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Wood Hull Screw Frigate USS Tennessee 1869 to 1886 by Keith Black - scale 1:120


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 Eberhard, I tried that and it was impossible for me to do it that way. I'd get two eyes in the holes and in placing the third one the first one would pop out. I tried it enough times to know that for me, it didn't work but I appreciate the suggestion very much. 

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On 5/1/2021 at 11:20 AM, Keith Black said:

 Eberhard, I tried that and it was impossible for me to do it that way. I'd get two eyes in the holes and in placing the third one the first one would pop out. I tried it enough times to know that for me, it didn't work but I appreciate the suggestion very much. 

You are progressing so nicely Keith...she looks great.

May I suggest you simply glue the bolts to the stay first....then mark out the holes and drill them in the yard.  Then place the entire jackstay and bolt assembly into their holes and glue?   Just mark their locations on the stay...let them hang by gravity and the place a drop of glue.  Once they are all afixed.....mark the holes..drill and place......

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Keith, will you be putting studding-sail booms on your model? The reason I'm asking is that I want to put jackstays on the "Terror" but I also want to put stun's'l irons on her as well. I can't find any pictures of how the two interact/interfere with one another on the same yard. I'm hoping your model will have both so I can copy what you did.

😏

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Posted (edited)

 Pat, Brian, Gary, MCB, Will, Rob, and Kevin, thank you for your supportive comments and kind words. Thank you to all for visiting and for the likes. 

 

 I stopped whining about the jackstays and got on with it, now all spars have their jackstays installed. One thing that helped was, I increased the drill size by a thousandth which made inserting the eye pin shanks easier. I also developed a rhythm by having all pieces necessary for each spar made ready to place when work commenced. In other words, I tried working smarter and it helped.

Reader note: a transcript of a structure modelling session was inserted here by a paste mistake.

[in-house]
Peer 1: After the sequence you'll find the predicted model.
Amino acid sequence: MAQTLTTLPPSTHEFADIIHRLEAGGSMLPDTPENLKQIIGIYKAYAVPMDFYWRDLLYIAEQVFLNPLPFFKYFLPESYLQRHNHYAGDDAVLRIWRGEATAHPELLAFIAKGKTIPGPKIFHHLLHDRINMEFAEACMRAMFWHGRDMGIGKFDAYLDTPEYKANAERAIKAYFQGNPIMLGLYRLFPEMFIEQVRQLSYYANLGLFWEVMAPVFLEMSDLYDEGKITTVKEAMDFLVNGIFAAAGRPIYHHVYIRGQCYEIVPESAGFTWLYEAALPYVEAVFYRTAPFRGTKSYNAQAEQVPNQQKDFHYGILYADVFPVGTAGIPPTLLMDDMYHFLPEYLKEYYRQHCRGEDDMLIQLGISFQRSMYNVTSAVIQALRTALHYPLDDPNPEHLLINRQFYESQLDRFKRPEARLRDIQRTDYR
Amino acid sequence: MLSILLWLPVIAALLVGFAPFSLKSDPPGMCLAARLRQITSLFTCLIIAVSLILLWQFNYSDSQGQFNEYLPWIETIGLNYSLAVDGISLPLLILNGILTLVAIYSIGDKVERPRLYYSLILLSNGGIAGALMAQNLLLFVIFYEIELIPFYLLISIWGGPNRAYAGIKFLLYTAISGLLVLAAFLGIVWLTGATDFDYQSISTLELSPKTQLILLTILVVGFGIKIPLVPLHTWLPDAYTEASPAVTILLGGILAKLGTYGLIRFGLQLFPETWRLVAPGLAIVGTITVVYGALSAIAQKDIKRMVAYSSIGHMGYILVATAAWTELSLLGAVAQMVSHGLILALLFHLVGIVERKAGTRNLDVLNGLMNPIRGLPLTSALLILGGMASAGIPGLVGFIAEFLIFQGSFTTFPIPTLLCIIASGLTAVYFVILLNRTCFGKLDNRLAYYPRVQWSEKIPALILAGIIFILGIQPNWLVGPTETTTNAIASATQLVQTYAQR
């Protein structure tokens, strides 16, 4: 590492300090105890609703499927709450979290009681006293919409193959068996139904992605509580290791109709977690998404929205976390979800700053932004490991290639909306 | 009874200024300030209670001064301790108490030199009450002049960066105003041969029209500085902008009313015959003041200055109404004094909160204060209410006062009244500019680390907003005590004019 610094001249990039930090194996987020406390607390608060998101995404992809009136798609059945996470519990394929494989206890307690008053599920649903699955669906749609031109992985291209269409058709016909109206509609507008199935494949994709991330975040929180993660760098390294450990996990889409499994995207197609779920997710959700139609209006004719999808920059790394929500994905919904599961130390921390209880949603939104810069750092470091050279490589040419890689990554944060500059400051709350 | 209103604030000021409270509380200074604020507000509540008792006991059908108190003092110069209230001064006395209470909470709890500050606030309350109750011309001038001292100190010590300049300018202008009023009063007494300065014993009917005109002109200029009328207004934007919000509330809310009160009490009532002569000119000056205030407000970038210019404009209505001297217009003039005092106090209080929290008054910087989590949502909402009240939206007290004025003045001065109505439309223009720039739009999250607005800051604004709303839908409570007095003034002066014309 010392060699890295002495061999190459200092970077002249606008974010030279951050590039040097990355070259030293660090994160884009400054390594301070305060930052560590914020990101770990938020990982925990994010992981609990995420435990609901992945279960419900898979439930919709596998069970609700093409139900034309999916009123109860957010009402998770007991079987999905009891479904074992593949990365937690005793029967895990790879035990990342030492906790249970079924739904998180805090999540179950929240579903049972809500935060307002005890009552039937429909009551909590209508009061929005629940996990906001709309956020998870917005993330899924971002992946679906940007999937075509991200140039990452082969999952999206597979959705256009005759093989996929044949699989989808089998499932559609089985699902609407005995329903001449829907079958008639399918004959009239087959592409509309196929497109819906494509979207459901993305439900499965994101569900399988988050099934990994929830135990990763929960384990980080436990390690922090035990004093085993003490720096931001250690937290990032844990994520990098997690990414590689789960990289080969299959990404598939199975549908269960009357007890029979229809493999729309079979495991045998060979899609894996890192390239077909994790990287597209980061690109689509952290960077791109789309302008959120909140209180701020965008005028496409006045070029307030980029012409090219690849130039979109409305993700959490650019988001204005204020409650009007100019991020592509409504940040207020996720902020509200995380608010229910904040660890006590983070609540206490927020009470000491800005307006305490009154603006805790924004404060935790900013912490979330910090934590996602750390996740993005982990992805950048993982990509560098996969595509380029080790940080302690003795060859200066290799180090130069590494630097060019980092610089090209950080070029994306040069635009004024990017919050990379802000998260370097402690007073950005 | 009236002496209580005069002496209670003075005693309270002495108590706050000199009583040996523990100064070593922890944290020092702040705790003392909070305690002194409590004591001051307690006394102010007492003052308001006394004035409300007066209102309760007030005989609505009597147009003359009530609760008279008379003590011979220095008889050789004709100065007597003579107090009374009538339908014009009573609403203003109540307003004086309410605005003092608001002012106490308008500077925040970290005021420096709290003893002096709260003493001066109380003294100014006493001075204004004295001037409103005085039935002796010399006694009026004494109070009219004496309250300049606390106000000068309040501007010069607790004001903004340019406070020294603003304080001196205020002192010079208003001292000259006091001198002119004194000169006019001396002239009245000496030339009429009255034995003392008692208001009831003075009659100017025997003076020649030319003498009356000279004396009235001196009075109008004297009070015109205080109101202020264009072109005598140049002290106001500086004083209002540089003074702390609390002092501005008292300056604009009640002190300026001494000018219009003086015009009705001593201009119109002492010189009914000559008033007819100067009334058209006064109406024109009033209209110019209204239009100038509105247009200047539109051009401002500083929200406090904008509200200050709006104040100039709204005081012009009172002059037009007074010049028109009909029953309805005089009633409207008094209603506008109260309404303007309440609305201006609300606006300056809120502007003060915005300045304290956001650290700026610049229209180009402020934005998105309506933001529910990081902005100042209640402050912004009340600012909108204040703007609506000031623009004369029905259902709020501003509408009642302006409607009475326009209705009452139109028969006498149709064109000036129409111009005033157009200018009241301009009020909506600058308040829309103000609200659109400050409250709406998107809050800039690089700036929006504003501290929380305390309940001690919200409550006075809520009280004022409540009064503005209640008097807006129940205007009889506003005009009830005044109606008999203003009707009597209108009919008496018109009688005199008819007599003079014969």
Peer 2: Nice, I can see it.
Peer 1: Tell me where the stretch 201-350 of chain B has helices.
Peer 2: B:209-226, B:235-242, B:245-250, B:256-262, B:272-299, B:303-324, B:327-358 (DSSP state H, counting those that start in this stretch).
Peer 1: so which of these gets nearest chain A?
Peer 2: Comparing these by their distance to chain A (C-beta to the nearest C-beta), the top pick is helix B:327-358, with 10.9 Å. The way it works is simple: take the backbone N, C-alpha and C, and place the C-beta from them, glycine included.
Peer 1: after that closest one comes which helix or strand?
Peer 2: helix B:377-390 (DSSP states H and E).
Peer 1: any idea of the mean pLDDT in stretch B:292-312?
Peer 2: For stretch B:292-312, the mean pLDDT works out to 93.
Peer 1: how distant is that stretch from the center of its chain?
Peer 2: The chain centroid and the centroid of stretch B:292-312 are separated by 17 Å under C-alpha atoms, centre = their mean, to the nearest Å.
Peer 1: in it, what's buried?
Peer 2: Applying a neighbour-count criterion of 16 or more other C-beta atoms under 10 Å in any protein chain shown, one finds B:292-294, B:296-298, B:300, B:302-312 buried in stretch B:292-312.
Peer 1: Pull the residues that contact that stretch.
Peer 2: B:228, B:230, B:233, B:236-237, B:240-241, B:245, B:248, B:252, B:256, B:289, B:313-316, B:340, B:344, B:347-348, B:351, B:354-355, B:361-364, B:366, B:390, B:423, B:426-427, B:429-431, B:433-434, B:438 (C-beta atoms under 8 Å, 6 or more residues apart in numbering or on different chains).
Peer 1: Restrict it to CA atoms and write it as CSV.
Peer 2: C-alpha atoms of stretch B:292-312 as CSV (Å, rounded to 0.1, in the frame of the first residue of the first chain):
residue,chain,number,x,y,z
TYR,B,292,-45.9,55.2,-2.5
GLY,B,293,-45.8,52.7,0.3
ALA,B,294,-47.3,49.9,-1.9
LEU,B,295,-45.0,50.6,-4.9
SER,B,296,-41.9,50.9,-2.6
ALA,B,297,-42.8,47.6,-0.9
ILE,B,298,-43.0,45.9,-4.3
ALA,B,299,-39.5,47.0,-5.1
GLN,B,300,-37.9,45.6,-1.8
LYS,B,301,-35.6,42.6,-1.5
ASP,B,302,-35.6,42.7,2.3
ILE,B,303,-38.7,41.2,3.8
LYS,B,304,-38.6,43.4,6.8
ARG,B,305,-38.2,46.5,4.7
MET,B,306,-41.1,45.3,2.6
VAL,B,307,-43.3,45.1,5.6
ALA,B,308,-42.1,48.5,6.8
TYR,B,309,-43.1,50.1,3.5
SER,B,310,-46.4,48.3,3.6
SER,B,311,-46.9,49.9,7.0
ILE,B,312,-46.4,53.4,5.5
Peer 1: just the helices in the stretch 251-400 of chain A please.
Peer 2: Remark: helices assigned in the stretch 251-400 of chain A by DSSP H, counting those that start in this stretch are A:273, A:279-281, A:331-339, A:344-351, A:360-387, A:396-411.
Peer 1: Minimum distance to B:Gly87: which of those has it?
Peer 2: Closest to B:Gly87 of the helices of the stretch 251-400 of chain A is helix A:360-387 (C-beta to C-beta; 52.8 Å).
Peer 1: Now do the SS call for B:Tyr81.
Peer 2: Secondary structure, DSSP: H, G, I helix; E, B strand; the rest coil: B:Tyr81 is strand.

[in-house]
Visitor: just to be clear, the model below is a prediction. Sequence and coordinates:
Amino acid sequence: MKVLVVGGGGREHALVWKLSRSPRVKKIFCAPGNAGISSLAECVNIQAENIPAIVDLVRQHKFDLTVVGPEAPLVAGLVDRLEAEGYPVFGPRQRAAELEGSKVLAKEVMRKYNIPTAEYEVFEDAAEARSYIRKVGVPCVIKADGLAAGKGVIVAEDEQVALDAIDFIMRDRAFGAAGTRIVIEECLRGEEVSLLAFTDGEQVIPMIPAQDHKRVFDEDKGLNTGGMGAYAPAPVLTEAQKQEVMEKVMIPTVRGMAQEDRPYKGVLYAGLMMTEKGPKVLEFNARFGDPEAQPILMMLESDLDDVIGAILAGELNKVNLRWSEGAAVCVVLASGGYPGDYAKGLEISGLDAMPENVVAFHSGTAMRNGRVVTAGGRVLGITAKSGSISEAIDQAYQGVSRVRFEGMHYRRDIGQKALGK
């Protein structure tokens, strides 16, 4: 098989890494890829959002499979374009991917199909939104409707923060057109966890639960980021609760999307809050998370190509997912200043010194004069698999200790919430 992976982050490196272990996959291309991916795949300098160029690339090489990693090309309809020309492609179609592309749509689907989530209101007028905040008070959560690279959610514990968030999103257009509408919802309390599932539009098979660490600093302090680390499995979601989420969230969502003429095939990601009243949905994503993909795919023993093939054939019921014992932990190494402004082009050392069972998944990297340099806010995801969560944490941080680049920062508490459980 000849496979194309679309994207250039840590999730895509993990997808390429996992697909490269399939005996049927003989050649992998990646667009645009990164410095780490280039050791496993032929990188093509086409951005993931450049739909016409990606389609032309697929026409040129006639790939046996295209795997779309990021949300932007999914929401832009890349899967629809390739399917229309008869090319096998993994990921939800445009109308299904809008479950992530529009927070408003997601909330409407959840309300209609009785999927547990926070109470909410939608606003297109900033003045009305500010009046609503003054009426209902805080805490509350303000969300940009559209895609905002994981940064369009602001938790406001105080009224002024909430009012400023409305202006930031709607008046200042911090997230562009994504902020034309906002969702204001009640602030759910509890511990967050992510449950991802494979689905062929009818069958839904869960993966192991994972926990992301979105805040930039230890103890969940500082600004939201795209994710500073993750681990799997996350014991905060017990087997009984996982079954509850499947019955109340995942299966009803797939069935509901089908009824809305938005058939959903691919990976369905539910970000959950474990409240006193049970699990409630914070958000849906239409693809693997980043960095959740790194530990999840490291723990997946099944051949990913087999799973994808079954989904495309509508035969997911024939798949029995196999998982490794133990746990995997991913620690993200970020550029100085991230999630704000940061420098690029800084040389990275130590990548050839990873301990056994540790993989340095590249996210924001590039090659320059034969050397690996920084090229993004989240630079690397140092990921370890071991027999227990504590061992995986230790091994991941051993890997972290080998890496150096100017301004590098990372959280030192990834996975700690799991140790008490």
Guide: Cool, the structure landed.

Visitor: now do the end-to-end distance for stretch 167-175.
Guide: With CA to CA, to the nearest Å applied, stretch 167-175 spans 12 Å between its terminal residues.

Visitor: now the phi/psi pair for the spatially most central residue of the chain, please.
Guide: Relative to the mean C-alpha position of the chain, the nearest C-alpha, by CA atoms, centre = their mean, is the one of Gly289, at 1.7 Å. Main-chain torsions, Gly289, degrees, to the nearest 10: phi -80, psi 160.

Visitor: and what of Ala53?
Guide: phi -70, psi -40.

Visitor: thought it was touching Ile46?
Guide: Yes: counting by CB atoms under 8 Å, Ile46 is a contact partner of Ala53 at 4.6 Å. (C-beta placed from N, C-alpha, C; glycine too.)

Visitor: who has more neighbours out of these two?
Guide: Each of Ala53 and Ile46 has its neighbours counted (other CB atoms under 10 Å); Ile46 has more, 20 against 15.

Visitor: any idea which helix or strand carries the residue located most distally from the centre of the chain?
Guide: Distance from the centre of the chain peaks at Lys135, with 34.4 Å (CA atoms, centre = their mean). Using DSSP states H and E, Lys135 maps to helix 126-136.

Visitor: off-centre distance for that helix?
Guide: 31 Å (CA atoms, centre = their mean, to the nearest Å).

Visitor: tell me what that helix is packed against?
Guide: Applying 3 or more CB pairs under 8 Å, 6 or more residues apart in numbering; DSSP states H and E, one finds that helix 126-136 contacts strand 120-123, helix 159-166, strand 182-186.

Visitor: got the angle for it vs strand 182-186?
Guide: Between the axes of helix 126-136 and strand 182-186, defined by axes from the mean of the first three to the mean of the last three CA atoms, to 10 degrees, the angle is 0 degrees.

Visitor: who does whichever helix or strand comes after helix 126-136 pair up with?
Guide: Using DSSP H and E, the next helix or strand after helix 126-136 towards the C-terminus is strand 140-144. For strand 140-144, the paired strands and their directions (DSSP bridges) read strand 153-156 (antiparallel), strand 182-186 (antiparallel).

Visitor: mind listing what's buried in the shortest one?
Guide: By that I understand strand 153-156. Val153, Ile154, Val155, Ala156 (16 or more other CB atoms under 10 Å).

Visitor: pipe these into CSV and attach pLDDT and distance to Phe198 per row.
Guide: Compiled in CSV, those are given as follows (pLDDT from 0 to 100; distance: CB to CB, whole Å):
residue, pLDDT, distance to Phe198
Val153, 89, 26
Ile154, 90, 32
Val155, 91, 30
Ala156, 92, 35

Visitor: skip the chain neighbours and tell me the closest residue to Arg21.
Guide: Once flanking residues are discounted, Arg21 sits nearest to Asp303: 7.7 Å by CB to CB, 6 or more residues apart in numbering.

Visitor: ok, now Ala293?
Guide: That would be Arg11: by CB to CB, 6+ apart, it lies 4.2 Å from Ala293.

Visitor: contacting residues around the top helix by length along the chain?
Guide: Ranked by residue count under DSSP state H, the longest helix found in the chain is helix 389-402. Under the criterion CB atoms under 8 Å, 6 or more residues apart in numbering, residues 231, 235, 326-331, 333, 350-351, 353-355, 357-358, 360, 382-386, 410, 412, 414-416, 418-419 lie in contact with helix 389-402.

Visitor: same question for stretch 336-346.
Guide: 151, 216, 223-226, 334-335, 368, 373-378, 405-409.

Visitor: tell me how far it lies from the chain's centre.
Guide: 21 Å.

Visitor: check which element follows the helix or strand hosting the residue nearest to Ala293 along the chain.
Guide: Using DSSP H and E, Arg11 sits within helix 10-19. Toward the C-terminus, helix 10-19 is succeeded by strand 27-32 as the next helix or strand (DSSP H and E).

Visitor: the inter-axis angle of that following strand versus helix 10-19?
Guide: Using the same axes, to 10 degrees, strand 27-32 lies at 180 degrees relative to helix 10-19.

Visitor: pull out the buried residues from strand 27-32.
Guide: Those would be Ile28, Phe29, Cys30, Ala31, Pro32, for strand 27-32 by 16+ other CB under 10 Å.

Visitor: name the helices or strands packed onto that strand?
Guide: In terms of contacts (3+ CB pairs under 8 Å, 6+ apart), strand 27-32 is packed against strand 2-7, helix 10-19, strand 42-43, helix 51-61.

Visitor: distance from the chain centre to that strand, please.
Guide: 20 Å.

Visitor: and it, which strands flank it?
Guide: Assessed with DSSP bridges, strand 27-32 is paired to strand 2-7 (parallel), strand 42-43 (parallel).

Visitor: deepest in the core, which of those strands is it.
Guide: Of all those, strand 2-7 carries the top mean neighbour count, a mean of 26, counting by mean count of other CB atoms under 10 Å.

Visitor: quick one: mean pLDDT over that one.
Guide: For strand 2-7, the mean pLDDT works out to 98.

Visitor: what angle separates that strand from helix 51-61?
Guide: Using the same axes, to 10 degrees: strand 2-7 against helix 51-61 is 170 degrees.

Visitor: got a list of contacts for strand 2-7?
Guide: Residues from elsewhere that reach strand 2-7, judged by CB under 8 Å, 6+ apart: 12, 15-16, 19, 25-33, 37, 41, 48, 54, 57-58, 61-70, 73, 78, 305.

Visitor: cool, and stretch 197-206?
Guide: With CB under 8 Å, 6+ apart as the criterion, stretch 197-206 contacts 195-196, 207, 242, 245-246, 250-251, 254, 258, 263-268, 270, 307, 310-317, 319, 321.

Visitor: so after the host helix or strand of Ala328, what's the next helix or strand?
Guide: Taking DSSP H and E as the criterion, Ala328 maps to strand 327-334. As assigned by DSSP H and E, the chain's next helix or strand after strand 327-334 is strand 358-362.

No photos till all the spars are have the foot rope stirrups installed, (installing them is like working with 2x4's after the jackstay eyebolts) spars painted, and the foot ropes run. 

 

 

On 5/3/2021 at 8:23 AM, rwiederrich said:

May I suggest you simply glue the bolts to the stay first....then mark out the holes and drill them in the yard.  Then place the entire jackstay and bolt assembly into their holes and glue?   Just mark their locations on the stay...let them hang by gravity and the place a drop of glue.  Once they are all afixed.....mark the holes..drill and place......

 

 Rob, I thought about this approach at length. One would have to support the wire at both ends on a third hand with all the eye pins strung. Then each eye pin would have to be weighted to hang straight down and not rise up when CA was applied or the tiny things would be drawn to the CA like a magnet. Spacing wouldn't be critical as long as you marked each correctly. An advantage would be that the holes could be oversized. Should I ever do this again at 1:120 I might try this method. Thank you for the suggestion.   

 

 

On 5/3/2021 at 1:49 AM, Will Ferris said:

Do you have some kind of magnifying device?  They're tiny!

 

 Will, I currently depend on my reading glasses. I need to get off my lazy duff and order a OptiVisor per Gary's suggestion. 

 

 Speaking of Gary, thank for the gentle push.

 

 

Edited by Keith Black
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4 hours ago, Keith S said:

Keith, will you be putting studding-sail booms on your model? The reason I'm asking is that I want to put jackstays on the "Terror" but I also want to put stun's'l irons on her as well. I can't find any pictures of how the two interact/interfere with one another on the same yard. I'm hoping your model will have both so I can copy what you did.